by David Lloyd, Co-owner Lloyd Brothers
The circumstances that have
brought the AMA Pro Racing Dirt Track Series (I prefer Dirt Track over Flat
Track for its marketing value so that is what I call it) to its current state
has nothing to do with the economy or the on-track racing action. It has nothing to do with the efforts of the
AMA Pro Racing Dirt Track team as I can attest that everyone from the AMA Pro
Racing Director of Dirt Track, Dan Johnsen, down to the crew loading the gear
at the races work hard and with passion.
The problem is the business model that they have been directed to work
within. I am willing to bet that any
company that has maintained the same business model that they had 40 years ago
has lost market share just like we have.
There is an incredible amount
of passion for the sport of motorcycle dirt track racing. Well directed passion will breed
success. We are in need of a unified
promotional organization properly resourced to enable and implement a
coordinated vision between AMA Pro Racing, teams, riders, sponsors and venues
to ensure future success and growth of the series.
To realize the potential
success of the AMA Pro Racing Dirt Track Series, adoption of a revised business
model is necessary and we don’t have to look much further than Supercross or
the Pro Bull Riding Association. A
fundamental change to the current business plan for dirt track is warranted to
not only reach an acceptable level of sustainability for AMA Pro Racing teams
to continue to compete in the series but also to grow the sport, expand the fan
base and deliver consistent profits with proper track location, selection and
The AMA Pro Racing website
states “In 2008, the American Motorcycle Association announced the sale of
certain professional racing properties to AMA Pro Racing, based in Daytona
Beach, Florida. The move was brought about by the need for the association to place the
management of pro racing in the hands of a well resourced motorsports
Despite the stated reasons for
purchasing pro racing from AMA, Ohio;
AMA Pro Racing continues to operate with the same business model as AMA
Ohio, acting as a sanctioning body and series administrator, not an entertainment promotion company.
The current business model
requires the sale of many individual sanctions to promoters (some with no
experience) that barely offset the cost of goods sold associated with the
officiating of each event. Other income
is generated through registration fees charged to competitors and crews. Lastly, income is generated by selling
sponsorships to series sponsors. This
strategy is deficient in that:
·Location and scheduling of the races
is dependent on the promoter.
·In order to build a series with
enough races to attract sponsors, AMA Pro Racing is forced to compromise
standards when selling sanctions to some tracks and promoters that are not
national level in terms of facility quality, location, demographics, promotion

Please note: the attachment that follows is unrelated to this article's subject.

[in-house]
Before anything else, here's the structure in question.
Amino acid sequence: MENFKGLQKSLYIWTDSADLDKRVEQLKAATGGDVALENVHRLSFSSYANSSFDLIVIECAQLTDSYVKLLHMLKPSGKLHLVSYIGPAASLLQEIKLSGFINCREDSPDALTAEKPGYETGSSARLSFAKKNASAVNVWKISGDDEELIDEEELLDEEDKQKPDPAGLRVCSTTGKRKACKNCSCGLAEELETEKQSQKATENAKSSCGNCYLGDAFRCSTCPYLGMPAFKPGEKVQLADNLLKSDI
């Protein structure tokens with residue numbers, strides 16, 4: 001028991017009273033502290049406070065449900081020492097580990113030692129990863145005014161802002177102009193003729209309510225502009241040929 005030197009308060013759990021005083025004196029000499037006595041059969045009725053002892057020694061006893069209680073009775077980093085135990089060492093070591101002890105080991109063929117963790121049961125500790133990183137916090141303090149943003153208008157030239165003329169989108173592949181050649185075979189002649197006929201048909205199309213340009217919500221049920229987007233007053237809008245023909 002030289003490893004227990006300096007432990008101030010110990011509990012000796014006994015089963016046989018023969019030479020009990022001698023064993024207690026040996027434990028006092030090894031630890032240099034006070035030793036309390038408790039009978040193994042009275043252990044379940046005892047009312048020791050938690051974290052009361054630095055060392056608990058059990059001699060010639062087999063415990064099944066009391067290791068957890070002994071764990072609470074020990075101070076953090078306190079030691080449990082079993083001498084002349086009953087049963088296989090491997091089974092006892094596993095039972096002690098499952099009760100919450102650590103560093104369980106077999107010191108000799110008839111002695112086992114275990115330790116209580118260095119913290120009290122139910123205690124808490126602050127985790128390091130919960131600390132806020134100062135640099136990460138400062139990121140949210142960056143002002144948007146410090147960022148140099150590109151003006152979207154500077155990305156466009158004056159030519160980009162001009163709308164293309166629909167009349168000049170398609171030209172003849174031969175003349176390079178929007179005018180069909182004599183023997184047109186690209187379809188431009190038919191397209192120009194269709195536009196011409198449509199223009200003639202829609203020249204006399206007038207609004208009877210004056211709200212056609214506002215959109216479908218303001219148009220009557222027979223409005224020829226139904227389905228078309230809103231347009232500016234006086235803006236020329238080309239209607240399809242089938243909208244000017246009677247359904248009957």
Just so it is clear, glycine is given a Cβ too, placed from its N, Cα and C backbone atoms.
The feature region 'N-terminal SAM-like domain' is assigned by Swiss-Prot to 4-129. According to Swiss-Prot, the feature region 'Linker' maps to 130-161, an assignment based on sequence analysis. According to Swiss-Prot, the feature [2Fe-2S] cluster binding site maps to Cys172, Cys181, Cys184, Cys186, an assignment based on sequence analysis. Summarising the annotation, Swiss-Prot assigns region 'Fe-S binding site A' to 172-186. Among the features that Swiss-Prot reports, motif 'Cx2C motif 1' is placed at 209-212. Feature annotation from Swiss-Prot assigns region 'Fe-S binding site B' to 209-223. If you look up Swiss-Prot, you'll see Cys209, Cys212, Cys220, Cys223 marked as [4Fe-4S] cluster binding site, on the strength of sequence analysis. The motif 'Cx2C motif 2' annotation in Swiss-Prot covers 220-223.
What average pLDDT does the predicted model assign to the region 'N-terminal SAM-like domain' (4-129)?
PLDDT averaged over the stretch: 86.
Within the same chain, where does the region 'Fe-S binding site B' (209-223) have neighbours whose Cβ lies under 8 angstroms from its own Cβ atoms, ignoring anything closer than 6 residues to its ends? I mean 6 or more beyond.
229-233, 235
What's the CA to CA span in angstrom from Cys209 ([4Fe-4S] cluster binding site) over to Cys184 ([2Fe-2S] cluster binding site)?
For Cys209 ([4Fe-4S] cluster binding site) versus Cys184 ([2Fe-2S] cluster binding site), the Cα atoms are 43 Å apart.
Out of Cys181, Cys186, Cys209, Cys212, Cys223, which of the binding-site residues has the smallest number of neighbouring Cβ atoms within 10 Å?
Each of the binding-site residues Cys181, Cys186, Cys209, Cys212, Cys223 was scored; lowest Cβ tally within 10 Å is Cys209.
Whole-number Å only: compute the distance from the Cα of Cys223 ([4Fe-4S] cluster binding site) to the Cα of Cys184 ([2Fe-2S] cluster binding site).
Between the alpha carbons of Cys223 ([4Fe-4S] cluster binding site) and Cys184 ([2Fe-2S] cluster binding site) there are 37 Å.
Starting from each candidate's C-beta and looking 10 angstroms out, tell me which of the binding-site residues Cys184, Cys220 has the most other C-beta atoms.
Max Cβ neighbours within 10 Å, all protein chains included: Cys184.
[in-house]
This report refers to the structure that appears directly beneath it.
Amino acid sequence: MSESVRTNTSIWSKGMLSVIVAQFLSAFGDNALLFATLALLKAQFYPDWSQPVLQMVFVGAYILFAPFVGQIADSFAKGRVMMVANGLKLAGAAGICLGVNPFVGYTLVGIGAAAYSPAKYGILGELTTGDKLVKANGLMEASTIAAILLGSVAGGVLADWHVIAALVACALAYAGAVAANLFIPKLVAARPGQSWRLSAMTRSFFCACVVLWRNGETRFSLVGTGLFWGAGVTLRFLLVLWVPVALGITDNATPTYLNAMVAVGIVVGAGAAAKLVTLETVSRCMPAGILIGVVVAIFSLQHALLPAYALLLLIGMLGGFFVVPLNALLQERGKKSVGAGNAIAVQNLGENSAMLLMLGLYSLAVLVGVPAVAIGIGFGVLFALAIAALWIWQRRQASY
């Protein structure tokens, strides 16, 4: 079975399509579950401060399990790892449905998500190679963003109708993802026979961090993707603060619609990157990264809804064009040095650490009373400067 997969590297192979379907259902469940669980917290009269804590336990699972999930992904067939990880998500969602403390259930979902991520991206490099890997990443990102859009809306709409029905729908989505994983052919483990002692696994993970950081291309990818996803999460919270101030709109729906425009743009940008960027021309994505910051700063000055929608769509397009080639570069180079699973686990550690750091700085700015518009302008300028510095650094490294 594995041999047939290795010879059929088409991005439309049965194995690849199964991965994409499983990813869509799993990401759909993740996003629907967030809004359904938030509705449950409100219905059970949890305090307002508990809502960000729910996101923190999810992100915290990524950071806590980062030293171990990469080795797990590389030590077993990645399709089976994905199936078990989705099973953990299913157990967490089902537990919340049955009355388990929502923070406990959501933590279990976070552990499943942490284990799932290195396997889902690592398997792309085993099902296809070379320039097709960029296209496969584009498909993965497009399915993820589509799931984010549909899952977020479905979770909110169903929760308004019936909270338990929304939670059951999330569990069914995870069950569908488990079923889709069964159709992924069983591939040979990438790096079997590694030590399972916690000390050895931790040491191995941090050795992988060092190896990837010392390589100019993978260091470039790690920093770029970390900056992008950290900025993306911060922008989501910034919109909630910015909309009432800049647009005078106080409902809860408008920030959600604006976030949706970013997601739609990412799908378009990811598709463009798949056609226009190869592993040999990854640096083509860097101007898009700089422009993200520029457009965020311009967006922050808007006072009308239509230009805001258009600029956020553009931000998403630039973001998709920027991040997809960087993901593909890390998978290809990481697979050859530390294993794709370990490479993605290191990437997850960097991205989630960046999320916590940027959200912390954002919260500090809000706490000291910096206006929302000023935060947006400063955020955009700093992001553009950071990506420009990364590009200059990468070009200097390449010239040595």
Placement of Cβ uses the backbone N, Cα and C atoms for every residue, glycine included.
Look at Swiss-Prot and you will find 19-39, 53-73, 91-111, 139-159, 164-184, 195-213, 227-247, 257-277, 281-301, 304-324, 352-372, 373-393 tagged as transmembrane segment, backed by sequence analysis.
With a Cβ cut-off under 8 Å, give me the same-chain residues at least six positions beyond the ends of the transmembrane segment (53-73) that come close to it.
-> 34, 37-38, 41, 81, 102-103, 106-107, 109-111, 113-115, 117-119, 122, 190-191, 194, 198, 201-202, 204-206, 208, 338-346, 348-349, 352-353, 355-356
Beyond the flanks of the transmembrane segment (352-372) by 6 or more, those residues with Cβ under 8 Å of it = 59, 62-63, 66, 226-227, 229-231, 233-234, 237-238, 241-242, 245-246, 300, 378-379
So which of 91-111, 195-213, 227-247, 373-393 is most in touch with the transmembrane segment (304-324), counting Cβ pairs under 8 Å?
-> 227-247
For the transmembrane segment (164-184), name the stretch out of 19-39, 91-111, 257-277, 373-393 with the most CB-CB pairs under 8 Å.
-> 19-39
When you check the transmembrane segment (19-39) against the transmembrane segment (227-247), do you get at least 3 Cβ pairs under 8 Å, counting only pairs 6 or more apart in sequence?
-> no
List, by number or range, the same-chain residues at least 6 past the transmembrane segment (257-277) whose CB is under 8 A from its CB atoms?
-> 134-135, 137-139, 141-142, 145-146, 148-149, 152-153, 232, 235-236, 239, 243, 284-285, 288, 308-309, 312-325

experience and potential sponsor and fan draw.
·The success of the event lies
largely with the promoter and his ability to promote and manage the event. The track location, advertising budget, pre-race
promotional activities, media relations, facility condition, track preparation
equipment availability, ticket pricing and fan experience are all in the hands
of the promoter and are outside of the direct control of AMA Pro Racing. Thus
creating an inconsistency in quality.
·The series ends up with events
spread widely geographically and many with low spectator attendance and a less
than excellent fan experience.
·Many events do not reach enough
spectators to create an acceptable return on investment for sponsors to commit
to levels of sponsorship to make it possible for AMA Pro Racing and race teams
to offset the high costs of travel to these events, leading to low rider turn
out, unhappy promoters and a poor fan experience.
·With the fate of the series in the
hands of so many different promoters, the quality of the series is compromised
and it is impossible to sell a series sponsorship. There was no series sponsor for the 2013 expert division
because the series hasn’t realized the marketing value of which it is truly
·When a single
event is a success and has adequate to high spectator attendance, the promoter
benefits the most financially, not AMA Pro Racing or the teams. When an event
is a failure, the promoter, AMA Pro Racing and the teams all suffer the
A revised business model where
AMA Pro Racing, or a new separate entity, partners with existing top-rated
promoters and events and also exclusively targets new locations and promotes new
events is necessary. This will benefit
AMA Pro Racing, the race teams and the series in that:
·There will be more conformity and
better efficiency between the events as related to promotion, preparation and
execution. Lessons learned at one event can be immediately implemented for a
better, more successful next event.
·Standardize promotional items and
·Better managed and improved fan
·Better control of sponsor, media and
participant relations at each event.
·Sponsors and marketing partners will
be more attracted to the series and teams when events are well attended and are
located in strong geographic markets.
·AMA Pro Racing will be more
profitable hosting well attended events than it will ever be by just selling
·AMA Pro Racing,
teams and riders will directly benefit from successful events in lieu of just a
third party promoter.
Once a unified promotion
company is in place then the work can begin to:
·Implement a television package.
·Promote the athletes and teams to
build a strong fan base and broaden the awareness of the sport.
·Improve paddock presentation.
·Create events – not just races.